Claiming for professional negligence in tort
Even in cases where you engage the services of a professional, for example, an architect, surveyor, legal advisor, or insurance broker, and there is no clearly expressed contractual relationship, a professional owes the client some duty of care under tort – meaning that it is possible to infer responsibility on the part of the professional for any financial loss sustained by the client as a result of any negligent advice or services provided. Any breach of tortuous duty can be said to give rise to a claim for professional negligence.
For this responsibility to be inferred a number of things need to be proven. These are as follows:
- Duty of Care: that the professional owed a duty not to cause the claimant loss.
- Breach of duty: that the professional was in breach of this duty through specific acts of negligence.
- Causation: that it was this negligence that led directly to the claimant sustaining financial loss and not some other cause.
Indeed, professionals may owe tortuous duty of care in concurrence with that owed under the terms of the contract. Furthermore, this is a duty which courts have ruled extends to third parties.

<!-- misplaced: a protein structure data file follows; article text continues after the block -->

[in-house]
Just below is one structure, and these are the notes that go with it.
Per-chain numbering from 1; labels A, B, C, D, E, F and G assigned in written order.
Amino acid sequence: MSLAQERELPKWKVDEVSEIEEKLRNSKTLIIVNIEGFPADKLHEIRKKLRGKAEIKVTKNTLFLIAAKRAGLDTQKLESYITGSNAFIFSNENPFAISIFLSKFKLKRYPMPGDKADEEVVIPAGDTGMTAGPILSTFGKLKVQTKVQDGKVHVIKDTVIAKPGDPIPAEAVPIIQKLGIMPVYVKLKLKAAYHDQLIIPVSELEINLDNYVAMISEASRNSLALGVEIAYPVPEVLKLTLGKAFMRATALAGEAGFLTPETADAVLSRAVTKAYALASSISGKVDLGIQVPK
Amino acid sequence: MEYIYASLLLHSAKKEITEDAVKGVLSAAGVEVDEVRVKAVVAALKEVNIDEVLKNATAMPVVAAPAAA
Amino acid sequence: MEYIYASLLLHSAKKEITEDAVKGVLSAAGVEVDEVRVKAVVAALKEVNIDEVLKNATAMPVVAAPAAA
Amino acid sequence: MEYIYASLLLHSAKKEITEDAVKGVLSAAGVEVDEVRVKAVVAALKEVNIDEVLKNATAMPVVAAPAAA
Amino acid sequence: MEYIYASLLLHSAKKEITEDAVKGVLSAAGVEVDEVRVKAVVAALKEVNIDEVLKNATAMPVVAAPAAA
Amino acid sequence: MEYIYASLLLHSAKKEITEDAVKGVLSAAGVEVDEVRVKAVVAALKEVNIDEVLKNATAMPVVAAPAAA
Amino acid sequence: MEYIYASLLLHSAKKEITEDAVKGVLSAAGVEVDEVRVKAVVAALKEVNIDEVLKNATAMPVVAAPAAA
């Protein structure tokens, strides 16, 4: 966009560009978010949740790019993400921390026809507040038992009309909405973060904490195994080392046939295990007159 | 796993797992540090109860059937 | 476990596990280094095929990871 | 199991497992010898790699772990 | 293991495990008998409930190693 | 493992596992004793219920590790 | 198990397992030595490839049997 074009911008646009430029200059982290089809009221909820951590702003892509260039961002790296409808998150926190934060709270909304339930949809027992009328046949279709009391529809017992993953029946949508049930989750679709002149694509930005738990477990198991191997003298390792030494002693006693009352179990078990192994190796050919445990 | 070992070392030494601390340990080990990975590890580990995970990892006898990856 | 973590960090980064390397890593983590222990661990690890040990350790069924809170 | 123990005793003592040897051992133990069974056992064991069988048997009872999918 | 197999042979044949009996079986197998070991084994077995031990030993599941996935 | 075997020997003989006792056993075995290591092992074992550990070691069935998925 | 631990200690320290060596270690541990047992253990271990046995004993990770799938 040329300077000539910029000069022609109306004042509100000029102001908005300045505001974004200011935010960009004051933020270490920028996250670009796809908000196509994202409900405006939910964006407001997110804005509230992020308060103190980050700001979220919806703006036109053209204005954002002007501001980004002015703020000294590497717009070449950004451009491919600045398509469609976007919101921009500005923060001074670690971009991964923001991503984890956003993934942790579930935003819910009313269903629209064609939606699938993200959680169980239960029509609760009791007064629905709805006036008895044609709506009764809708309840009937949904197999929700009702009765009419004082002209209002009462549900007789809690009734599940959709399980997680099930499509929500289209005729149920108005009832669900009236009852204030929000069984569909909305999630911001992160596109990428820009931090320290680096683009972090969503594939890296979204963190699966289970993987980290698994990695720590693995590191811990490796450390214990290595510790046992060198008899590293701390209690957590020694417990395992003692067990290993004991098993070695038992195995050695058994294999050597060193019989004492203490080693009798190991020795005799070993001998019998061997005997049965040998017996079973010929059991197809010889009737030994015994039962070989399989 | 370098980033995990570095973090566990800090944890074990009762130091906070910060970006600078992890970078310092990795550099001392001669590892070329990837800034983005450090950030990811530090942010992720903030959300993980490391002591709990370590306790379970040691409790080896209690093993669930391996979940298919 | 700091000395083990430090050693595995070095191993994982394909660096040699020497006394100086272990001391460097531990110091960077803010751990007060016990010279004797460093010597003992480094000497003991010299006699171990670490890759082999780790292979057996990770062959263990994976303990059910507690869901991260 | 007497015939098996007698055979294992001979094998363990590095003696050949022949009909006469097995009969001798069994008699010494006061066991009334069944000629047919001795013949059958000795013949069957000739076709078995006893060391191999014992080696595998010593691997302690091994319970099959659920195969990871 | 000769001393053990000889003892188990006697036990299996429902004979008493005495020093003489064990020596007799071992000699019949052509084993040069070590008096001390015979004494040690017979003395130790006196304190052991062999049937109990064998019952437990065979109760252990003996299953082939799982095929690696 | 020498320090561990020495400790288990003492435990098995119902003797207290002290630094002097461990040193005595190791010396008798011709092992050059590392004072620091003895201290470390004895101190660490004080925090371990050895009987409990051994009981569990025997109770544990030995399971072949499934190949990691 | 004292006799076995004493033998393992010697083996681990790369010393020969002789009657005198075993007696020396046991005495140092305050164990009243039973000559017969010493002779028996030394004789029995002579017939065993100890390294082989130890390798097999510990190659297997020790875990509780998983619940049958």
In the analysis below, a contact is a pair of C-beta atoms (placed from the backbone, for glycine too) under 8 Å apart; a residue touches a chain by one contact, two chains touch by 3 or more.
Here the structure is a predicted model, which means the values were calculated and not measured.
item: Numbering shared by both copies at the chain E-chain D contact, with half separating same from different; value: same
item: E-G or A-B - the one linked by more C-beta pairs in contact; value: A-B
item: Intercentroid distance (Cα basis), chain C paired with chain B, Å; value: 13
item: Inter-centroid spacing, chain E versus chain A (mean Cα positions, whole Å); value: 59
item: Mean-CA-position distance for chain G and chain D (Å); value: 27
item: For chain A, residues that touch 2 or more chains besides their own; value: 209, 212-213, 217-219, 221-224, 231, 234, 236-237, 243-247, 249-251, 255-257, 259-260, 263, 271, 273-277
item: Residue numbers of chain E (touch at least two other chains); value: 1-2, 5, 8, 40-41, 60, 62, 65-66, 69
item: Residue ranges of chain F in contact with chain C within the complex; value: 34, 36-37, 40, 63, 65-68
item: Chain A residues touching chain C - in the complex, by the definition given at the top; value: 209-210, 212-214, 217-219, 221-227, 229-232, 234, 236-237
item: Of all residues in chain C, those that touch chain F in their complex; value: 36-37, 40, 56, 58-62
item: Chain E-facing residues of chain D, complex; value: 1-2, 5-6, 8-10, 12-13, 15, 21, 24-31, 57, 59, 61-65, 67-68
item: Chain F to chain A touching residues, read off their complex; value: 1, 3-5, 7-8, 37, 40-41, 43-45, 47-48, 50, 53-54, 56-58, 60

It may also arise in tort. So a professional may owe a duty of care to his client running concurrently with the like duty in contract. He may also owe a duty of care in tort to a third party. Breach of the tortious duty gives rise to liability in the tort of negligence.
The failure to achieve a particular result does not necessarily imply negligence – it is only when a jury of peers (expert witnesses) agree that the professional should reasonably have been expected to achieve the result that negligence can be said to have occurred.
In cases where a claim meets the three-fold test of negligence (duty of care, breach of duty, and causation) the courts will then seek to apply the “restorative principle”. Under the terms of restorative principle claimants are entitled to be restored to the financial position which they would have been in had the act of negligence not occurred.
Of course, it is always preferable to keep cases out the courts and to reach agreement and settlement within solicitor-to-solicitor negotiations or some form of mediation or alternative dispute resolution.
Claims for professional negligence in Brighton and London
Contact Healys LLP today for clear advice about proceeding with a claim for professional negligence.
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